“Truth in labelling is a priority,” she said.
“These companies should have to meet the same food safety standards that the meat industry has to meet, but most importantly it is about consumers knowing what is in those products and how they are made.”
NFF-chaired working group favours voluntary approach
The topic of industry policy on truth in labelling was also in the spotlight at a red meat industry forum at Beef 2021 in Rockhampton last week.
The session heard that a ministerial working group chaired by NFF CEO Tony Mahar and containing representatives of various Australian agricultural commodity sectors, along with manufactured plant based protein lobby groups including Food Frontier, had recently focused on the question of whether existing labelling of plant-based alternatives in Australia should be improved.
Despite not being able to achieve a consensus position, the working group advised the Federal Minister of Agriculture that a ‘majority position’ had been reached which favoured a “voluntary framework approach” as “a preferred way forward”.
“This in-principle position was shared by all working group members except Working Group members from the red meat industry who were clear on their preference for regulatory based approach to address their concerns,” Mr Mahar wrote in a letter to the Minister, according to an excerpt shown on a video screen during the forum.
In August last year the NFF and NSW Farmers joined with the plant protein lobby group Food Frontier to launch a national Future of Protein Forum, which the groups said was designed to “bring together traditional livestock, plant and alternative protein producers to meet the projected demand for Australian protein” – see their joint August 2020 NFF media release here.
Questioned by forum moderator and AgForce Cattle director Mark Davie on how NFF develops national policy, president Fiona Simson said the NFF was ‘like the United Nations’, in that representatives of each commodity group sat around the table to work through policy.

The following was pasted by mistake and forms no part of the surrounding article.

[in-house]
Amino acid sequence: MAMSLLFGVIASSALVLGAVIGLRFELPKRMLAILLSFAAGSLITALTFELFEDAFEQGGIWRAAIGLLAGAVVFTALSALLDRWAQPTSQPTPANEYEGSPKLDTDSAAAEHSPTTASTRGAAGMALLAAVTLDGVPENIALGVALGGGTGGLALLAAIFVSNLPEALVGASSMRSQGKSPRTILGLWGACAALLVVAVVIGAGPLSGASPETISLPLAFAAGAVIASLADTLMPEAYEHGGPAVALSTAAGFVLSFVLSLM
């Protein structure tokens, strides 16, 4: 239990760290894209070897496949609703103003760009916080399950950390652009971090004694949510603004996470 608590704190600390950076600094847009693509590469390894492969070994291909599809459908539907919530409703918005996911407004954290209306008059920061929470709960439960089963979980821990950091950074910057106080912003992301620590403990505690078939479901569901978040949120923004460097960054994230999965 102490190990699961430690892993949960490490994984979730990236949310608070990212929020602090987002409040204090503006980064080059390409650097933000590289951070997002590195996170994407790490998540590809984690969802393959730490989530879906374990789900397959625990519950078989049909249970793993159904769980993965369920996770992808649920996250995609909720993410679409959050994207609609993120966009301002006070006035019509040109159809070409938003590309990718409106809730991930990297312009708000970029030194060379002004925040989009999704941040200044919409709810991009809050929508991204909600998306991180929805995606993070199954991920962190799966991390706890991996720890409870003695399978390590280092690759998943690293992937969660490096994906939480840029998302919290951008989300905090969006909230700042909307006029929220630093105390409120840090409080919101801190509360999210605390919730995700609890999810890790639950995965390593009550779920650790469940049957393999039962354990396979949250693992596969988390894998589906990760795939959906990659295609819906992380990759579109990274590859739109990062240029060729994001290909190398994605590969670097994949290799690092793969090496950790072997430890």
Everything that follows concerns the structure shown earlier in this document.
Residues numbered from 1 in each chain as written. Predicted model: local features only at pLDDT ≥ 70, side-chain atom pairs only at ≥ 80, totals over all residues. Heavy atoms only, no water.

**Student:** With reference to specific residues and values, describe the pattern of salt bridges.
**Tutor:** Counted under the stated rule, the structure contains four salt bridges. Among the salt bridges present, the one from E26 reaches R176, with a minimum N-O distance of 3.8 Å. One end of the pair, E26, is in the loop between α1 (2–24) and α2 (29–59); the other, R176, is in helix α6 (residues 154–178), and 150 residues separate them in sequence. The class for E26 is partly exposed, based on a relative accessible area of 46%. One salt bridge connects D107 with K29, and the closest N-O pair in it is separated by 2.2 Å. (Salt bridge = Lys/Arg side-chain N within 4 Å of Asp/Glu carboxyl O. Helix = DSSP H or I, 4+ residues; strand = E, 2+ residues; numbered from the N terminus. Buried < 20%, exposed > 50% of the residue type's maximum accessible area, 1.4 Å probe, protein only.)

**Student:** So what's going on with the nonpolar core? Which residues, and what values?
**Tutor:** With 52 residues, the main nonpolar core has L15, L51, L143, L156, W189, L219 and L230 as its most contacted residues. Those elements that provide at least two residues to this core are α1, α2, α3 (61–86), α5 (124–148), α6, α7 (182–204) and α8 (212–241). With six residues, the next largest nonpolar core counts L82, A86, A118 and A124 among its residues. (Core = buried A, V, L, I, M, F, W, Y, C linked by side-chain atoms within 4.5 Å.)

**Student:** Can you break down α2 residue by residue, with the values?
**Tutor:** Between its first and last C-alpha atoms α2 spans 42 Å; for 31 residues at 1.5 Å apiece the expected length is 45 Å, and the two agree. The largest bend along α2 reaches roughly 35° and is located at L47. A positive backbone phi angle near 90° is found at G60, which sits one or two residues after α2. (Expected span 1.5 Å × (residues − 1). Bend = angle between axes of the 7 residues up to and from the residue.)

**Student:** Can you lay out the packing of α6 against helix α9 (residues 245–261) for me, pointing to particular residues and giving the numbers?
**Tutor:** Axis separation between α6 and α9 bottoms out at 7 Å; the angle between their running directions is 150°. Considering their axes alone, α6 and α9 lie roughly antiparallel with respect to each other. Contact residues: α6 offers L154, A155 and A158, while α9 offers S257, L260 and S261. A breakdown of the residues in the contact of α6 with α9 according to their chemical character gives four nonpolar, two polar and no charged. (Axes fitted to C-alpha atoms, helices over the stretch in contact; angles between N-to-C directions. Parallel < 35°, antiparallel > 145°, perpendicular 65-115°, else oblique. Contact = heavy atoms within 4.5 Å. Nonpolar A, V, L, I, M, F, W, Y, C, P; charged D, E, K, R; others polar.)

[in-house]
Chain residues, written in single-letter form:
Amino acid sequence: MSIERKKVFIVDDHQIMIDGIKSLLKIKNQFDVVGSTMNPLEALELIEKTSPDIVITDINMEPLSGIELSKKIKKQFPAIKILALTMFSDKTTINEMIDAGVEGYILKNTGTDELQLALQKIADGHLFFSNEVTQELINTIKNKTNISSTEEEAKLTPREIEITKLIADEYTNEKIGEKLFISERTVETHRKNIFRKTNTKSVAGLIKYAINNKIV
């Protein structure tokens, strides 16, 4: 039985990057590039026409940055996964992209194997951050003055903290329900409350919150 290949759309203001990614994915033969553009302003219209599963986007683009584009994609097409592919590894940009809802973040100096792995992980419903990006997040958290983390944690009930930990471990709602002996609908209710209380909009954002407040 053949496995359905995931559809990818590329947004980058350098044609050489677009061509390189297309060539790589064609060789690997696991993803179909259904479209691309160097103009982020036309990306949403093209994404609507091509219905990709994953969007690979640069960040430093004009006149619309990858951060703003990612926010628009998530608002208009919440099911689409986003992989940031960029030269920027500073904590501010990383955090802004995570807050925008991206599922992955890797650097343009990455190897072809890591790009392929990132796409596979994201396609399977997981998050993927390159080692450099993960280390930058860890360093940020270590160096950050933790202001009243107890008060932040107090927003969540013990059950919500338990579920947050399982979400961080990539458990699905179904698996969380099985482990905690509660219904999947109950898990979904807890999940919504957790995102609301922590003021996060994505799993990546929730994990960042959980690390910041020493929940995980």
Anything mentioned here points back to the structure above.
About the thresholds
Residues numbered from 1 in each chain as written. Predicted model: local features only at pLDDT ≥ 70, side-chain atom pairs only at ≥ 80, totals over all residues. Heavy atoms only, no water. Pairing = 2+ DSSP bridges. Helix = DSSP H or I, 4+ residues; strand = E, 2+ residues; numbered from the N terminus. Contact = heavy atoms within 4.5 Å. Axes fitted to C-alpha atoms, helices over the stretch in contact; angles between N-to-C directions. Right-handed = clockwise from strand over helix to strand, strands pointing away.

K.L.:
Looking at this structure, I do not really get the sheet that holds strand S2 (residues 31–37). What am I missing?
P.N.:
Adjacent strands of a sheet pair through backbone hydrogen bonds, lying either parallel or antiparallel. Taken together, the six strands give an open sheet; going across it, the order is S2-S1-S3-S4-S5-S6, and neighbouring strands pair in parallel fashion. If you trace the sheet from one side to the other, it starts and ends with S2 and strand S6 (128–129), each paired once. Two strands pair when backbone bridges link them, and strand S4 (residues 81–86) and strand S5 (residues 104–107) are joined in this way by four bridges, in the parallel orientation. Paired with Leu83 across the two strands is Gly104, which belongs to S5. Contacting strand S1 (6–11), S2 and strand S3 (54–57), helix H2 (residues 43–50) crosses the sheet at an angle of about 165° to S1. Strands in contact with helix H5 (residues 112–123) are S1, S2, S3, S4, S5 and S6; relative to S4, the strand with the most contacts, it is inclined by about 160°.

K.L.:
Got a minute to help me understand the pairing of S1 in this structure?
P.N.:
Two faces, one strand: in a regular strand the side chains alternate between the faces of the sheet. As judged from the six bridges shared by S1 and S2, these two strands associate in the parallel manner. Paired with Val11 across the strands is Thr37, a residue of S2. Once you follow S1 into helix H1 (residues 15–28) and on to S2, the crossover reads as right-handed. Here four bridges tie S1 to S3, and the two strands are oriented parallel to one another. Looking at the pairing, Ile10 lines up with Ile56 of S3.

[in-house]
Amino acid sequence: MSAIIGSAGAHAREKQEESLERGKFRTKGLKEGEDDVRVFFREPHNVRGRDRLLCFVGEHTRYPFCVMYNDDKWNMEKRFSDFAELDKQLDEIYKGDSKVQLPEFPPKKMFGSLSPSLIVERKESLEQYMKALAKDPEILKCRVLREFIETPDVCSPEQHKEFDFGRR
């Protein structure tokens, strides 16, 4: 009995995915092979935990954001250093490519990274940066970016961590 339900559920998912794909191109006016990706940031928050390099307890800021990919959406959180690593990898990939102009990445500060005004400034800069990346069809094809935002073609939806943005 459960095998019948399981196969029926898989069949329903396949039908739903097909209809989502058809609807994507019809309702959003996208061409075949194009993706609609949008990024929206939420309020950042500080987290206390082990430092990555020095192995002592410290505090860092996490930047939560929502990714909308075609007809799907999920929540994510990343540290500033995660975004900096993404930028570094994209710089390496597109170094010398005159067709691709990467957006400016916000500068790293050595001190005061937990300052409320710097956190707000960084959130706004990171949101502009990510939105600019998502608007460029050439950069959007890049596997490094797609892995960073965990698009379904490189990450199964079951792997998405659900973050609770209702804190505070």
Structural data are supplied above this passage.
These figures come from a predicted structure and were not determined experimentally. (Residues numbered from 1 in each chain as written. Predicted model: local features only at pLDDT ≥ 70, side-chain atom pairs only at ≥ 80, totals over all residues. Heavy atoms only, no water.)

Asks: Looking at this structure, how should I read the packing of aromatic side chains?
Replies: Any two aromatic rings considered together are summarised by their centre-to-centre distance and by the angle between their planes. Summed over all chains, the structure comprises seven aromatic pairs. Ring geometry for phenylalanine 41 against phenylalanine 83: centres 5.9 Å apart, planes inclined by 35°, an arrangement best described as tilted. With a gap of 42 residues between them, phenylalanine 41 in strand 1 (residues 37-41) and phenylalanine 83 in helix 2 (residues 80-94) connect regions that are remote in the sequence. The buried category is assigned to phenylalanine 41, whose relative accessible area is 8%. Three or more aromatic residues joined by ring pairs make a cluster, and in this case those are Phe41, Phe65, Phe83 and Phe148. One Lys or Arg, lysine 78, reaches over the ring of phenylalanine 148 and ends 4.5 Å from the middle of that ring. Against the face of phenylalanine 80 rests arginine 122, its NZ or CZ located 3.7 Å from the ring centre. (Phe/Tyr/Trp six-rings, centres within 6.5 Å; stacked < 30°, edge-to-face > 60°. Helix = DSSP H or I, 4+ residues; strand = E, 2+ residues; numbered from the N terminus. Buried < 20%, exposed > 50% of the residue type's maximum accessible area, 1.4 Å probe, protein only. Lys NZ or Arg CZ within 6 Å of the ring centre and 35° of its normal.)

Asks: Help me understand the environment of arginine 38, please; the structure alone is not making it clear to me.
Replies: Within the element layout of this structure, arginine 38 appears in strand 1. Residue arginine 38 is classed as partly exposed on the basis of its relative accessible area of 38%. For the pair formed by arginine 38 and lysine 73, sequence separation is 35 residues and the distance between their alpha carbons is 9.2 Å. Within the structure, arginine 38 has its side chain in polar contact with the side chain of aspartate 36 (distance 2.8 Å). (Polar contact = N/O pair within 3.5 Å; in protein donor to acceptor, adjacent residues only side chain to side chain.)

“It can take a really long time to work through a piece of policy but at the end of the day we want a policy that comes out that is good for Australian agriculture,” she said.
On the question of truth in labelling on plant-based proteins Ms Simson said there was a split in the community over whether the industry should have regulatory standards or voluntary standards.
She said everybody agreed that “meat should be called meat and milk should be called milk” but also added that industry should “consider the implications of seeking to impose regulatory burdens on other industries”.
It’s all about marketing spin
The push by plant-based protein products was all about “marketing spin”, he said.
He added that in Woolworths recently he saw a product that contained the claim “plant-based vegetable stock”.
“What were they making vegetable stock out of before?”, he wondered.
Plant-based vegetable stock. What were they making vegetable stock out of before?
He said the industry had be more brazen in how it markets collectively.
“We need to be out there pumping the hell out of the good story of beef,” he said.
“We should not be nervous to talk about how good beef is for you, how good iron is for you, how essential elements help you.”
Fiona Simson agreed.
“I can’t believe that people think that chickpea patties are any more environmentally sustainable than grassfed beef,” she said.
“It is about telling our story and that is what we have to get better at.”